of Music in Boston, where she is the assistant
director of admissions, working hard toward Fall
John Wise will finally receive his B.A. in com-
munications from the University of Southern
Maine in May. John has also been promoted to
television projects manager at the local cable sta-
tion in Portland.
Kathryn O'Leary, 81 and Joe Benson
'80 at Boston phonathon.
Kathryn O'Leary, Secretary
Eric Jones and Helen Brennan were married
September 16 in Marblehead, Mass. A host of
GDA alumni ae attended, among them Trustee
Bill Ardiff "55, Jeffrey P. Jones '84, Joe Benson '80,
Dave Callan 'SO, Steve Moheban 'SO, Eric Adell
and his wife Patty, Lisa Louden, Keller Laros,
Kathryn O'Learv, Peter Starosta, Michael
Making life simpler
Entrepreneur Abner Mason '80 and partner Craig Spano.
Soon after Abner Mason '80
started consulting at Bain and
Co. in Boston, he noticed that
one way his associates main-
tained their collectively natty appear-
ance was through the auspices of a vir-
tually invisible dry-cleaning service; drop
clothes off in an office closet one day,
and come back to pick them up, clean
and pressed, on another. By the time
Mason was ready to spread his own en-
trepreneurial wings, the anonymous dry
cleaners had blossomed in his mind into
a business plan. He named his company
Bostonian Valet. Its mission: to make
life "just a little simpler" for city workers.
The Boston-educated Mason, 26,
teamed with Boston College manage-
ment graduate Craig Spano, 24, to offer
a variety of unique conveniences: shoe
repair, car care, film processing and vi-
deo rentals. Equally unique, perhaps, is
the company's democratic roots. "Some-
times people think this is for the higher-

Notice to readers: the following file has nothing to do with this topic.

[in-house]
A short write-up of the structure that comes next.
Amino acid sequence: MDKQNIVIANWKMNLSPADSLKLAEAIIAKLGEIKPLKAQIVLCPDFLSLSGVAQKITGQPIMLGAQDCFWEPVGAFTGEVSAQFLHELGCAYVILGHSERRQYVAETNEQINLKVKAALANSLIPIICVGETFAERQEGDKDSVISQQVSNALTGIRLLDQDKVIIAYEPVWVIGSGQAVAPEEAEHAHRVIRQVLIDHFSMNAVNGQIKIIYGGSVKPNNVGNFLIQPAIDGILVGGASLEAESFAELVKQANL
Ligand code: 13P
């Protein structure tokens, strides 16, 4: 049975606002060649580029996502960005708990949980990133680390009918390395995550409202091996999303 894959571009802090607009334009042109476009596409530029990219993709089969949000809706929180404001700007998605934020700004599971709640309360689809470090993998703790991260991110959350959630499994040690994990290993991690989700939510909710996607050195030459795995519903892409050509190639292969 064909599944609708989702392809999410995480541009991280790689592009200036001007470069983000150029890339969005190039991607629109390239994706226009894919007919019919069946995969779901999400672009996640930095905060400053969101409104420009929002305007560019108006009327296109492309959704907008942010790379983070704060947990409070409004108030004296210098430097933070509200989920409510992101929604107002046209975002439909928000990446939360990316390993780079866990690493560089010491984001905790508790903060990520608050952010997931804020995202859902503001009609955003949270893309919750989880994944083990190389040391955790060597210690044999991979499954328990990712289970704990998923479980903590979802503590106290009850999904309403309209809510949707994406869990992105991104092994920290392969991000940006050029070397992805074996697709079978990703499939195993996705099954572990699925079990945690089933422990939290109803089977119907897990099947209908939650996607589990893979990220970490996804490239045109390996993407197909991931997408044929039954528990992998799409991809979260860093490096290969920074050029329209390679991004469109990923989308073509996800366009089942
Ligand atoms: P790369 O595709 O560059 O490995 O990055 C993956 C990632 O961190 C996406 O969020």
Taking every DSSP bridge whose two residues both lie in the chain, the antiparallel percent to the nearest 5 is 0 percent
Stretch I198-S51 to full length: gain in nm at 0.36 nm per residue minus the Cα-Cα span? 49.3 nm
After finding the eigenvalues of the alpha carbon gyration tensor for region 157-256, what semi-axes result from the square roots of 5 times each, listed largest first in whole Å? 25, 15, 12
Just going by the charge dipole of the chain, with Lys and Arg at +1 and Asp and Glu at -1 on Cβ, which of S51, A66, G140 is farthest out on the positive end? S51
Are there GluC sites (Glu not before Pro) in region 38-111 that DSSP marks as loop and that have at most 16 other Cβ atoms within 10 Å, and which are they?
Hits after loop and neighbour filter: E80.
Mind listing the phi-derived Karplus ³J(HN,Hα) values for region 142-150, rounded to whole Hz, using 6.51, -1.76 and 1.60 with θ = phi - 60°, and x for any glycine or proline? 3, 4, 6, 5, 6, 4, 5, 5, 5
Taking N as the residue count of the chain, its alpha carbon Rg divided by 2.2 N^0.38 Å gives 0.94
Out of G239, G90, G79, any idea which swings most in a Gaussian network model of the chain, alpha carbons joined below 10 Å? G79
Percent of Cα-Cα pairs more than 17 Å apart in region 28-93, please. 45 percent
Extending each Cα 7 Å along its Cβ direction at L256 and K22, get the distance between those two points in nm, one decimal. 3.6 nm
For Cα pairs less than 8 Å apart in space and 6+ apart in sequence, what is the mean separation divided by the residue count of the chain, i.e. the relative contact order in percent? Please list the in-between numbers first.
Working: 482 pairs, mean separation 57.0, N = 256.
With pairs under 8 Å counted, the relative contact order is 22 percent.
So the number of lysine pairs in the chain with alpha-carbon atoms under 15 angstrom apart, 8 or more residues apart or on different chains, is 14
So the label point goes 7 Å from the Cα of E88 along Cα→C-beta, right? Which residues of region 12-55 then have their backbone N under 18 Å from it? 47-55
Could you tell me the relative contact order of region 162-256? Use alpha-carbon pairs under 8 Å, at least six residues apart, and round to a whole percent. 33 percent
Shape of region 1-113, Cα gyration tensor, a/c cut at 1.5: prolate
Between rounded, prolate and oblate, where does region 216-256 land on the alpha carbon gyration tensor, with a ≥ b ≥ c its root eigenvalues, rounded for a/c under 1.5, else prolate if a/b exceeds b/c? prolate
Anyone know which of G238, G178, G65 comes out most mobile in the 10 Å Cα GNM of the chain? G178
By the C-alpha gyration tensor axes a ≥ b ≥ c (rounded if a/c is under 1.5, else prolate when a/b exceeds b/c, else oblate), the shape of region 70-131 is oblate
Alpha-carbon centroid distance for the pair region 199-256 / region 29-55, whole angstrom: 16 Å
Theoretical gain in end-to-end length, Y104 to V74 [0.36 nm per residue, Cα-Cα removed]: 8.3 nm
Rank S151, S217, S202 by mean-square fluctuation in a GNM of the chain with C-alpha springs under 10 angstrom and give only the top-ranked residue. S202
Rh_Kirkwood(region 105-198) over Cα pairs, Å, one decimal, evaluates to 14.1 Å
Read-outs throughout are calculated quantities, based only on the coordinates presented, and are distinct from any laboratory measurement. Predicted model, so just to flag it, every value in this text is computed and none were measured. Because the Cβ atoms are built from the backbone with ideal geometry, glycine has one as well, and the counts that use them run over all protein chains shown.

end executive," says Mason. "But many
of the people who work here are in a
stage of their careers where they don't
make a lot of money. We intend to serve
everyone." He also provides convenient
billing policies and competitive prices.
Gerald D. Hines Interests, developers,
first bought the ideas of the service for
their new office tower, Five Hundred
Boylston, in the Back Bay. Now Bosto-
nian Valet is expanding to two new loca-
"Not only are developers including
us," says Mason, "but they're marketing
us as important amenities in their build-
ings. What it says, I think, is that we're
doing a good job."
(Reprinted with permission from "Columns,"
the newsletter of Five Hundred Boylston,
Reilly, Lu< Levensohn '83, Ian Jones '90, Graeme
Jones '91, ;ind Tim Lynch '93. We had a great time
and missed seeing Reilly who had to pave Charles
Street thai day. Sorry Mike! trie and his hride are
working for Jones Hoys in Danvers and residing in
Peter Laventis is market analyst specializing in
residential with a real estate development company
tailed NTS in Louisville, Ky. He graduated with
an MBA from Vanderbilt in 1989 and was married